The FBI on April 29 said it received multiple tips about a security threat minutes before a gunman opened fire in a California synagogue, killing a woman and wounding three other people, but did not have enough detail or time to prevent the attack.
Police are investigating what motivated a 19-year-old suspect to open fire on the Chabad of Poway synagogue in suburban San Diego on April 27, including whether to bring hate crime charges against the man who surrendered to police shortly after the attack.
The FBI said it received tips about an online post referring to a potential attack that did not include “specific” information about the post’s author or location. Investigators immediately began working on identifying the author, but the shooting began only five minutes after the tips arrived.
“The FBI thanks the alert citizens who saw and reported the post,” the bureau said in a statement.
Members of the synagogue later on April 29 were due to bury Lori Gilbert Kaye, 60, who died in the attack six months to the day after 11 worshippers were killed at a Pittsburgh synagogue in the deadliest attack on American Jewry.
The alleged gunman, identified by police as John Earnest, fled the scene and eventually called the police in order to surrender.
Earnest, who is being held without bail, appears to have authored an online manifesto in which he claimed responsibility for a pre-dawn arson fire at a nearby mosque last month and drew inspiration from the mass shooting at two mosques in New Zealand that killed 50 people in March.
His parents expressed shock and sadness in a statement on April 29, saying their son had become “part of the history of evil” perpetrated on Jewish people.
“How our son was attracted to such darkness is a terrifying mystery to us,” the statement read. “Our heavy hearts will forever go out to the victims and survivors.” The parents added that they are cooperating with investigators.
When the gunfire began, Oscar Stewart, 51, a veteran of both the U.S. Navy and Army who served a tour in Iraq, recognized the sound immediately.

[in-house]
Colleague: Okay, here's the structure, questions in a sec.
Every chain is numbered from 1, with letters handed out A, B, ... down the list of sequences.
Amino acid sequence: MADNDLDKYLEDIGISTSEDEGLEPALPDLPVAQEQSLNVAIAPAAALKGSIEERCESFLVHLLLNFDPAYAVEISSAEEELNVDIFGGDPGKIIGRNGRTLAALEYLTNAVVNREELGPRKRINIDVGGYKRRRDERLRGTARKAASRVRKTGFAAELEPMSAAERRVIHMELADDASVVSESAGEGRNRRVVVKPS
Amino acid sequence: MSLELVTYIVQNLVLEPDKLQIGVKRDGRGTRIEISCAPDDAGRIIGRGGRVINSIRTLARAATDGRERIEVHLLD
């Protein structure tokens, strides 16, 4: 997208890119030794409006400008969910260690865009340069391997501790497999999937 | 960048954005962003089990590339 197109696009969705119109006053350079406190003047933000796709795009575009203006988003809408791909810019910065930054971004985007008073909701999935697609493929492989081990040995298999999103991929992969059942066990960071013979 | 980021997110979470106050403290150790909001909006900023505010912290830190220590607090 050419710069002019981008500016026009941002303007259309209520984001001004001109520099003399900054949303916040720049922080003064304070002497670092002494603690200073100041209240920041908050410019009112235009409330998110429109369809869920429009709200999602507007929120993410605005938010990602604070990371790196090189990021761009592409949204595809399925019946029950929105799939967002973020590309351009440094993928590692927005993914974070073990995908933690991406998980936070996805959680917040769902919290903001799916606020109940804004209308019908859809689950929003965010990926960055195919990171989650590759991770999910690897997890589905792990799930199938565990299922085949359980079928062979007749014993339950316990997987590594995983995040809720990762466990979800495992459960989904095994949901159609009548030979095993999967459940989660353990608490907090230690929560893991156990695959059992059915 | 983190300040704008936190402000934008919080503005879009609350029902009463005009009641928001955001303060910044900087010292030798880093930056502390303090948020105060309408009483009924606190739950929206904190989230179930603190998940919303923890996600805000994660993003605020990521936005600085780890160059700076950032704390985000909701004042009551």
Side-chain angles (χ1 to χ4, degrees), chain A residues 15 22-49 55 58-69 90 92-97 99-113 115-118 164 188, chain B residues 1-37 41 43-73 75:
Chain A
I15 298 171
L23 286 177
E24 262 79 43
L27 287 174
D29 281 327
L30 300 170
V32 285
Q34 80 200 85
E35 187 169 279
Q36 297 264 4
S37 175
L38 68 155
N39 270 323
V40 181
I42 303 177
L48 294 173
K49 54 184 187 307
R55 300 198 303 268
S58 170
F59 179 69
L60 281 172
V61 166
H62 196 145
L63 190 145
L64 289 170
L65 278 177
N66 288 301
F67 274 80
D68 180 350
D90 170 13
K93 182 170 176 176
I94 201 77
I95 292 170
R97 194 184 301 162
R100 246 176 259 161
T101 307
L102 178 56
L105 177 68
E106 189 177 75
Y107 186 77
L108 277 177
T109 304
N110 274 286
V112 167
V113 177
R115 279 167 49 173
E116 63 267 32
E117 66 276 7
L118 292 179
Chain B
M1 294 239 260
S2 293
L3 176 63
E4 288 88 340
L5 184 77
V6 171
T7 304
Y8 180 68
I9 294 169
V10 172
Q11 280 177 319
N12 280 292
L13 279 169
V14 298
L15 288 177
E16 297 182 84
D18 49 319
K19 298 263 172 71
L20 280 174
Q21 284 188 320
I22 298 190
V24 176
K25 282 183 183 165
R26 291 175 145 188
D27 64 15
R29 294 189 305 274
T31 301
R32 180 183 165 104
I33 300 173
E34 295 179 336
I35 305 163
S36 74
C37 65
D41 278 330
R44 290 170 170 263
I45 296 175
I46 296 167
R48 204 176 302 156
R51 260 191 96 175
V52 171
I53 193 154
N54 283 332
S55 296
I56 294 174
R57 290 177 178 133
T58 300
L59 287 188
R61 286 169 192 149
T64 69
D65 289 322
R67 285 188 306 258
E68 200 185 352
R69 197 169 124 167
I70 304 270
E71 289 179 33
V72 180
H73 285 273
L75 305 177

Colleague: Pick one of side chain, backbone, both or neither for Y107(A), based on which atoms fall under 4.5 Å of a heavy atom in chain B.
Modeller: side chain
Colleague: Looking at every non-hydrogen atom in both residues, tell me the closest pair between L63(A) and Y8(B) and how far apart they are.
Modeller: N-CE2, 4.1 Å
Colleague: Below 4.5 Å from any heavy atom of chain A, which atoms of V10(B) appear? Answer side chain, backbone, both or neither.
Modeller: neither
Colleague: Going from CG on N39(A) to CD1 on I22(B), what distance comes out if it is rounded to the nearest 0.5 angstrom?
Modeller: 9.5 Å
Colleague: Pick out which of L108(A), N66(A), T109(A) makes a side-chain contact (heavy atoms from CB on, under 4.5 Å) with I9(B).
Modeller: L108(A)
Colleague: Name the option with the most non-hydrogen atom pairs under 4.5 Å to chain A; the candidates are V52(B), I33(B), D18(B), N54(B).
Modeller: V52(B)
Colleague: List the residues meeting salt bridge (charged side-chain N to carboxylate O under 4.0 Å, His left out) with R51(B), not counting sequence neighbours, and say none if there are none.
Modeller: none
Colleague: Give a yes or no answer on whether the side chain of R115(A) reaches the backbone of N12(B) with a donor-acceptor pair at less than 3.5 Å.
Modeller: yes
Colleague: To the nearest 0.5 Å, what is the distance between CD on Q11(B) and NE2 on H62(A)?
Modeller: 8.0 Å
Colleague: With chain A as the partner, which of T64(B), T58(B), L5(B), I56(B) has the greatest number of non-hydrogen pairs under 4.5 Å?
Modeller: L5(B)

He said in an interview on April 29 that for a moment he began running toward the exit with other congregants before he turned around and headed toward the gunfire.
“I was an instrument of God,” he said. “I had no conscious effort in what I was doing.”
He charged the gunman, screaming, “I’m going to kill you!”
The shooter, who had stopped firing, looked frightened and fled the synagogue, with Stewart in close pursuit, he said.
Another worshipper, an off-duty U.S. Customs and Border Protection agent named Jonathan Morales who was armed, also ran outside and fired several shots at the gunman’s car as he drove away.
Almog Peretz, an Israeli citizen visiting his family, was hit by shrapnel but still managed to help shepherd children to safety, witnesses said.
His 9-year-old niece, Noya Dahan, also was wounded by shrapnel. Her family moved to the United States from Israel in search of a safer life after their home was repeatedly shelled by Palestinian rockets.
Kaye, one of the synagogue’s founding members, was a deeply caring member of the community, her friends said.
When one congregant developed breast cancer, Kaye drove her to every appointment and helped take care of her children, said Rabbi Yisroel Goldstein, who was shot in both hands during the attack and lost a finger.
“She is a person of unconditional love,” Goldstein told reporters, adding that he felt Kaye “took the bullet for all of us.”
In a Facebook post, a friend, Audrey Jacobs, called her a “woman of valor” whose final act was to protect others.
By Joseph Ax